LISBON (Reuters) – Germany wants the European Union to create a “climate club” with countries like the United States, Japan and maybe even China to avoid trade frictions over green tariffs such as a border carbon levy.
German Vice-Chancellor and Finance Minister Olaf Scholz said on Saturday after talks with Portuguese Prime Minister Antonio Costa, the current holder of the rotating EU presidency, that Europe must engage with countries to agree on common rules and common standards on how to reduce carbon emissions.
Scholz said climate protection measures would impact the competitiveness of German and European companies, especially those in energy-intensive sectors.
“And so it is wise not to just discuss how the European Union can do that and how we could avoid having difficulties in competing in the world market afterwards,” he said. -he declares.
The EU should approach countries such as the US, Canada, Britain, Japan and China to discuss and possibly agree on the same steps and principles.
“And to do that, it’s a good idea to discuss the creation of some kind of club, of people willing to do similar things and not competing with each other, but fighting for a better development of the climate in the world. . “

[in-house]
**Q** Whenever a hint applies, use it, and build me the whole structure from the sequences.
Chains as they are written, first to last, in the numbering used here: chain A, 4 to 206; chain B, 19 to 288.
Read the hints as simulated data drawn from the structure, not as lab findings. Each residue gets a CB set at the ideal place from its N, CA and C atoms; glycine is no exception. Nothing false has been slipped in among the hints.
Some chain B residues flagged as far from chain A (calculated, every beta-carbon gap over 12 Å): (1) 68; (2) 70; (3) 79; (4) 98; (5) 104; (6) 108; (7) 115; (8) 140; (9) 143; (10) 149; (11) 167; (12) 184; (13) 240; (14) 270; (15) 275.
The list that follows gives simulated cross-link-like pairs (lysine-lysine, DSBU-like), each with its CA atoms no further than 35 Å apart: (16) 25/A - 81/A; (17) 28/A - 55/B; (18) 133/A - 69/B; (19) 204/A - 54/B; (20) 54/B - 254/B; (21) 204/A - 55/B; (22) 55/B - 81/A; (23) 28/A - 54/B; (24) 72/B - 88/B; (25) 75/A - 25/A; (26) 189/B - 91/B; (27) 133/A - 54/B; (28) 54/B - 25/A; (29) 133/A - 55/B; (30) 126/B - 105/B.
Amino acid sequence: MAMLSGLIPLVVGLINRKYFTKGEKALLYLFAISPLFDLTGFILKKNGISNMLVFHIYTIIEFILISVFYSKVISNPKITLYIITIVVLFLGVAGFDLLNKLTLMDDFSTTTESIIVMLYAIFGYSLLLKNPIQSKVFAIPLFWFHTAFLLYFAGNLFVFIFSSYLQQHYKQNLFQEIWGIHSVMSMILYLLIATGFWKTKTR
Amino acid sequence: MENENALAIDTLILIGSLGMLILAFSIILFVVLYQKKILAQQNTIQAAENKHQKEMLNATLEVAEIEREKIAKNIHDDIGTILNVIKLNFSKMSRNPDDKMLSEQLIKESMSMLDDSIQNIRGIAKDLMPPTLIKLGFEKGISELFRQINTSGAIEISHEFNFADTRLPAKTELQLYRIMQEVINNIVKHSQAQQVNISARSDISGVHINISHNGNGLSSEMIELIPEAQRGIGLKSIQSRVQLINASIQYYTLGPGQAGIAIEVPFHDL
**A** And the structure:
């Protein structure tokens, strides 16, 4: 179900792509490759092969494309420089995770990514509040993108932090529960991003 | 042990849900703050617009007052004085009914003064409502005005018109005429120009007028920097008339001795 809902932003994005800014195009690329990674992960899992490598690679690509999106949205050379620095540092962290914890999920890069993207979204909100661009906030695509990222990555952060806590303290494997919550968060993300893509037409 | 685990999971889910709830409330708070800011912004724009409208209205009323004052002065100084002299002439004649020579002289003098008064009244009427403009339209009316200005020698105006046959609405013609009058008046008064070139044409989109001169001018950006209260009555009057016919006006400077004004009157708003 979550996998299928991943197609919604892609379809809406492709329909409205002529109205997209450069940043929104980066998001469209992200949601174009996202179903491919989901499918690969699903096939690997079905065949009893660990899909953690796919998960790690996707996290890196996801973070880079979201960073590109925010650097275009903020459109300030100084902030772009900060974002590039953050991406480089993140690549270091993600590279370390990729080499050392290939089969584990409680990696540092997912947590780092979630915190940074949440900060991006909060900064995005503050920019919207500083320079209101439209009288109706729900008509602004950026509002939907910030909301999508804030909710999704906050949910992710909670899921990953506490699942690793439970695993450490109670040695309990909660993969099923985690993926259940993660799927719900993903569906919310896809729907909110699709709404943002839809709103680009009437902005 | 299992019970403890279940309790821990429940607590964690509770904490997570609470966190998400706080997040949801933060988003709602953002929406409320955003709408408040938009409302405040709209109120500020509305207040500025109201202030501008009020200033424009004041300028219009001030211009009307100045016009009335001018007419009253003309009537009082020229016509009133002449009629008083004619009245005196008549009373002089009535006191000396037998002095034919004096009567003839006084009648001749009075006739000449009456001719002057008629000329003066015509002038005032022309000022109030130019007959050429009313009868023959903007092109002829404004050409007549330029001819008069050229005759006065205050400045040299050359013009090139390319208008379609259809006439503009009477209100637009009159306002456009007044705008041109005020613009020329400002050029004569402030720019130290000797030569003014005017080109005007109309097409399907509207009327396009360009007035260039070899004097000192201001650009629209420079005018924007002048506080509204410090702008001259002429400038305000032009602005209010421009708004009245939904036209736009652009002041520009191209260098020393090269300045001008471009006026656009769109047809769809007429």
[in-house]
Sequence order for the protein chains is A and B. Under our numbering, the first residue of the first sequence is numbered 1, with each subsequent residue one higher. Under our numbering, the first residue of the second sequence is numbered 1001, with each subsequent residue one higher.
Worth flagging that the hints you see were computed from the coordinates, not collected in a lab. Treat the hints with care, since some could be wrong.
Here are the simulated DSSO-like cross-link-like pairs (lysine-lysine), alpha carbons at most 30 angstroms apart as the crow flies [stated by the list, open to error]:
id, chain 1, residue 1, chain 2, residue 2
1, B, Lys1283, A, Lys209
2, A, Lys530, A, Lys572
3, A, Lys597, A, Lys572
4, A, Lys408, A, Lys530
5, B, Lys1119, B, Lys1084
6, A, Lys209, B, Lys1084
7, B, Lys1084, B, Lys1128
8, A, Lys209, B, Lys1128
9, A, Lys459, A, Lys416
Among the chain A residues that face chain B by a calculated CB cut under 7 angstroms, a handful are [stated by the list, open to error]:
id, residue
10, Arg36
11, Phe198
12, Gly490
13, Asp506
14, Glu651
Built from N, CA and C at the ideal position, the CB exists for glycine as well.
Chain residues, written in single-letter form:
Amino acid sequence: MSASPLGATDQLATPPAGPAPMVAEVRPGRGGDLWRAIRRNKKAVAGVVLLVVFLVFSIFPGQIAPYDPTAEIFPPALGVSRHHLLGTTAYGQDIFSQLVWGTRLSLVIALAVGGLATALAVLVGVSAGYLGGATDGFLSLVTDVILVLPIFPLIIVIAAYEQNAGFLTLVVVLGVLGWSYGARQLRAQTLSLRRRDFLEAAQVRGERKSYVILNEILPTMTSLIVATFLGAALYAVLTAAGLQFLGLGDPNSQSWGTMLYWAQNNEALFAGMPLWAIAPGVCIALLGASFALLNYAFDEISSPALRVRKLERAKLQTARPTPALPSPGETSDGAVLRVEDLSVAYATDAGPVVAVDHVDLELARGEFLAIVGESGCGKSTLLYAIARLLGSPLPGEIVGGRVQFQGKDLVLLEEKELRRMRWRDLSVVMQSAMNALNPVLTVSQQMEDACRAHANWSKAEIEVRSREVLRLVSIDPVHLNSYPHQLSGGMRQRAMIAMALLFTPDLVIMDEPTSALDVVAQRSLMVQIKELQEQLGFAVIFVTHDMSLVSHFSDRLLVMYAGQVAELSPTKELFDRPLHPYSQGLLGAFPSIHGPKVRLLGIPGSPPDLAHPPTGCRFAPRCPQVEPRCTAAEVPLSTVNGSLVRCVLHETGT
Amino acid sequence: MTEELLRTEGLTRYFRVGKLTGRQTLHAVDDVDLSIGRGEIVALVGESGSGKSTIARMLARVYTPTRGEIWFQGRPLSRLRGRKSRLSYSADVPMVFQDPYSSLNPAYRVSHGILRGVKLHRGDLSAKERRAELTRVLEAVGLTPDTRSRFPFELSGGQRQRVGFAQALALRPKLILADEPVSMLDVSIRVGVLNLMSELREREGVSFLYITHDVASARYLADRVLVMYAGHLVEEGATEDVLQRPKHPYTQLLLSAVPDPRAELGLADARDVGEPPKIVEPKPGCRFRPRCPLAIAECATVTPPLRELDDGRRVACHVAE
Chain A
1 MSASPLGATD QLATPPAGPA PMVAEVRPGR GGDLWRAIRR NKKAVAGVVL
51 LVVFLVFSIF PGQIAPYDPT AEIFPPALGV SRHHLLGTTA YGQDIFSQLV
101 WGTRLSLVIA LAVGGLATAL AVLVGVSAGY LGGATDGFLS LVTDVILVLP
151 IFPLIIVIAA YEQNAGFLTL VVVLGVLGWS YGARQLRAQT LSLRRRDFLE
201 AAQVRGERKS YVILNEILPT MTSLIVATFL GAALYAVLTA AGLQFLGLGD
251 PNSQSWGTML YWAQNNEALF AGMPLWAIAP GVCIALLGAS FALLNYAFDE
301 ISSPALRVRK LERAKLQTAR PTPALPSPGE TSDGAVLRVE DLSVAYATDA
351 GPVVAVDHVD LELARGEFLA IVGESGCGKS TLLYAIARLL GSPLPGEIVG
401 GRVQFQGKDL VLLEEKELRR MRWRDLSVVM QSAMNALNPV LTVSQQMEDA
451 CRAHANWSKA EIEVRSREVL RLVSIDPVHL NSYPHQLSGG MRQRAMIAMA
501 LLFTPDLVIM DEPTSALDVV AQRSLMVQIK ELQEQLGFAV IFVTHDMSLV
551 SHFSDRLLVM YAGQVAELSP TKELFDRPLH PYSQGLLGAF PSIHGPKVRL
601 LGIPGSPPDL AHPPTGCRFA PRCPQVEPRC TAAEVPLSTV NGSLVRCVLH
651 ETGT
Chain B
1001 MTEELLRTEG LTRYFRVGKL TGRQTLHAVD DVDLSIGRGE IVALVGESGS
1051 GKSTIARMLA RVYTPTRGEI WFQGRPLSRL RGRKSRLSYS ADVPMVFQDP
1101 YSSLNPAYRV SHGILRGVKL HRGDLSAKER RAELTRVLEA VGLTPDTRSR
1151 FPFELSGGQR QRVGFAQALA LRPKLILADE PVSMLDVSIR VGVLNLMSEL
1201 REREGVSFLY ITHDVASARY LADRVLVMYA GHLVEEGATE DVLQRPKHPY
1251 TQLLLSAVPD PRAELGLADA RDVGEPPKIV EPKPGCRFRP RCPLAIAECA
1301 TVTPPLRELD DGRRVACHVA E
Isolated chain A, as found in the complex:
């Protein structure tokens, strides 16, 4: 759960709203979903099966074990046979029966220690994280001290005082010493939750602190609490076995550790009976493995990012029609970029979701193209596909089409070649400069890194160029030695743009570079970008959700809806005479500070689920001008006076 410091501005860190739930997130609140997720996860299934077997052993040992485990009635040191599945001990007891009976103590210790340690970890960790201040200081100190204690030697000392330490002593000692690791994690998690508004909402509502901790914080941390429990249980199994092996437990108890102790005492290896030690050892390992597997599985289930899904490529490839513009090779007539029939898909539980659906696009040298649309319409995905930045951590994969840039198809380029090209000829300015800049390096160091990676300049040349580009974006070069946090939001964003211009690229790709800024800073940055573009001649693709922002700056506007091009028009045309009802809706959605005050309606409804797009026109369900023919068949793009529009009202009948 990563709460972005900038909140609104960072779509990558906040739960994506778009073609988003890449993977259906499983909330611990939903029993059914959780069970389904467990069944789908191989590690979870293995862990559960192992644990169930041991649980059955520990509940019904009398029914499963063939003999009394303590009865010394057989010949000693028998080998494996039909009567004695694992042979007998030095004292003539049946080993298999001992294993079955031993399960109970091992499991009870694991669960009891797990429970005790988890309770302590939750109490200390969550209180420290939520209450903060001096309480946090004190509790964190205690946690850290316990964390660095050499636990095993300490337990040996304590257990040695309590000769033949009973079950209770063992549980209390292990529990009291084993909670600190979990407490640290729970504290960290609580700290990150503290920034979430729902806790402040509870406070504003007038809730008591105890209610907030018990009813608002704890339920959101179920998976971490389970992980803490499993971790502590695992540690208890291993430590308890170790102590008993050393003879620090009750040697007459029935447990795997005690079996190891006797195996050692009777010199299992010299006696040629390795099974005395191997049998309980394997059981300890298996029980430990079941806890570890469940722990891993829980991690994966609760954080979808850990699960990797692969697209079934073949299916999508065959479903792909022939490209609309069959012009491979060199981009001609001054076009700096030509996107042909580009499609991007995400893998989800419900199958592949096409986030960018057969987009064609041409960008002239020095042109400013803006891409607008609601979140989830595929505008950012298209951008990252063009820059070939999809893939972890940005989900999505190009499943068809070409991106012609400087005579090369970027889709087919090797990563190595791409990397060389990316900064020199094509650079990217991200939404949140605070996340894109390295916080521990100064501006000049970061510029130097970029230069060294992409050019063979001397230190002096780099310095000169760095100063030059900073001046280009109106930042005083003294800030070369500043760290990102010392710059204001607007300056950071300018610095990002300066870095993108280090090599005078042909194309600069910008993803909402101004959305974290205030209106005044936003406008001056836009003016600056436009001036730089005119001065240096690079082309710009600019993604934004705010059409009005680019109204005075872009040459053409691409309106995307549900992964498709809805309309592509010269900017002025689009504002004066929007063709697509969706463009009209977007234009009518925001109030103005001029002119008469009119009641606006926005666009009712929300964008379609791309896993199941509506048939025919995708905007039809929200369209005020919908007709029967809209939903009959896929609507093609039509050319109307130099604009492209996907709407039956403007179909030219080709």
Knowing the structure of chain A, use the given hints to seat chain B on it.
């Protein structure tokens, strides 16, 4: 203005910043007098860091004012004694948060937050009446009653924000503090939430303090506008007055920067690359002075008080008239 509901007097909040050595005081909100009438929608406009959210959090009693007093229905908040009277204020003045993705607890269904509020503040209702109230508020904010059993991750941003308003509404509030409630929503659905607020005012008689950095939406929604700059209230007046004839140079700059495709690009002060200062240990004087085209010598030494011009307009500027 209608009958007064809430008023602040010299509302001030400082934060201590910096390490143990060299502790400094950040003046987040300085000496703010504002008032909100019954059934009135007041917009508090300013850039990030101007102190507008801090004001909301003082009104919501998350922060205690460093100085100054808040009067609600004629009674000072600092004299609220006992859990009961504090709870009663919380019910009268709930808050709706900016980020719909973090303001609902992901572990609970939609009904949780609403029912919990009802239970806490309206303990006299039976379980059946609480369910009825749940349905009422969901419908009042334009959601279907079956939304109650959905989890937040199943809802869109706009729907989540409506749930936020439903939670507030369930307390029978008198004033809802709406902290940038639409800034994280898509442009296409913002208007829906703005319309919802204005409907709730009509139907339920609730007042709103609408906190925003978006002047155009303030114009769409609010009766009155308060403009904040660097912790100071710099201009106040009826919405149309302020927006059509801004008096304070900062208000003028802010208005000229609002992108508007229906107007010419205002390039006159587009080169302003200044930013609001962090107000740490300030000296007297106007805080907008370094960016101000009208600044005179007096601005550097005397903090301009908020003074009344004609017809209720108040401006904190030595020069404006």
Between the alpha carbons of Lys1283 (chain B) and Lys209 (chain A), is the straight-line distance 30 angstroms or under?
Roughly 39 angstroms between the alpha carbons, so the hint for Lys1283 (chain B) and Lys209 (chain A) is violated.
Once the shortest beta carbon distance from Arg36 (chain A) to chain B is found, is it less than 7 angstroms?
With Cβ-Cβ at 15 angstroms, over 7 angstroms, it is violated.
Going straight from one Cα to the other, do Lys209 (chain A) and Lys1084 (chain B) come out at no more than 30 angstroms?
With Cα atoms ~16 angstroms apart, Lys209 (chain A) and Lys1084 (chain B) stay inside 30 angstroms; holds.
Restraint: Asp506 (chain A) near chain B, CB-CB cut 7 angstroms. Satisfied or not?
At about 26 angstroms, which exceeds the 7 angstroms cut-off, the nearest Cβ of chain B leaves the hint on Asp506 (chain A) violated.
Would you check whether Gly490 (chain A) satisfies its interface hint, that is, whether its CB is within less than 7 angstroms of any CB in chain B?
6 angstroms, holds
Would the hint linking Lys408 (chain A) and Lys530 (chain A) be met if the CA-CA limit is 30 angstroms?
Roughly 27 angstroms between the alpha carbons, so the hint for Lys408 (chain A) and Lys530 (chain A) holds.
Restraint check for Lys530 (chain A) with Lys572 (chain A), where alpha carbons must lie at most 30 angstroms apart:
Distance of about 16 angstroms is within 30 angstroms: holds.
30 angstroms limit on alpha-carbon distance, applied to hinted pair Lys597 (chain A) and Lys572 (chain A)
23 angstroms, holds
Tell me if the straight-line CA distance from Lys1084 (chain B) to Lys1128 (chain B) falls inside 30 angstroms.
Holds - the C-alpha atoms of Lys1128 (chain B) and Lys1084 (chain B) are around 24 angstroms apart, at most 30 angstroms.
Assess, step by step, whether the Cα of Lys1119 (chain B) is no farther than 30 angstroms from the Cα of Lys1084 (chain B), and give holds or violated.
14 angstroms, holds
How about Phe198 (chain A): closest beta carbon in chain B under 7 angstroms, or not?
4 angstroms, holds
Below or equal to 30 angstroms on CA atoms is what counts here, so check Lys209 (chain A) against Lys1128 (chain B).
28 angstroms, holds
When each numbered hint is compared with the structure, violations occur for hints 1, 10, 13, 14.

The 27 EU heads of government will hold a summit on Monday and Tuesday to discuss how they plan to meet the EU’s new climate target by 2030 – a net emission reduction of at least 55 % from 1990 levels.
The summit will set a course for the European Commission, which in July will propose a broad set of climate policies to achieve the goal, including carbon market reforms and more ambitious renewable energy targets.
In June, the European Commission is also expected to present proposals on how to expand the CO2 emissions trading scheme and protect investments in green technologies from “dirty competition” from countries with low emission policies. less rigid climate protection.
The EU said countries would be able to avoid the carbon tax proposed by the European Union if the ambition of their climate policies matched that of Europe.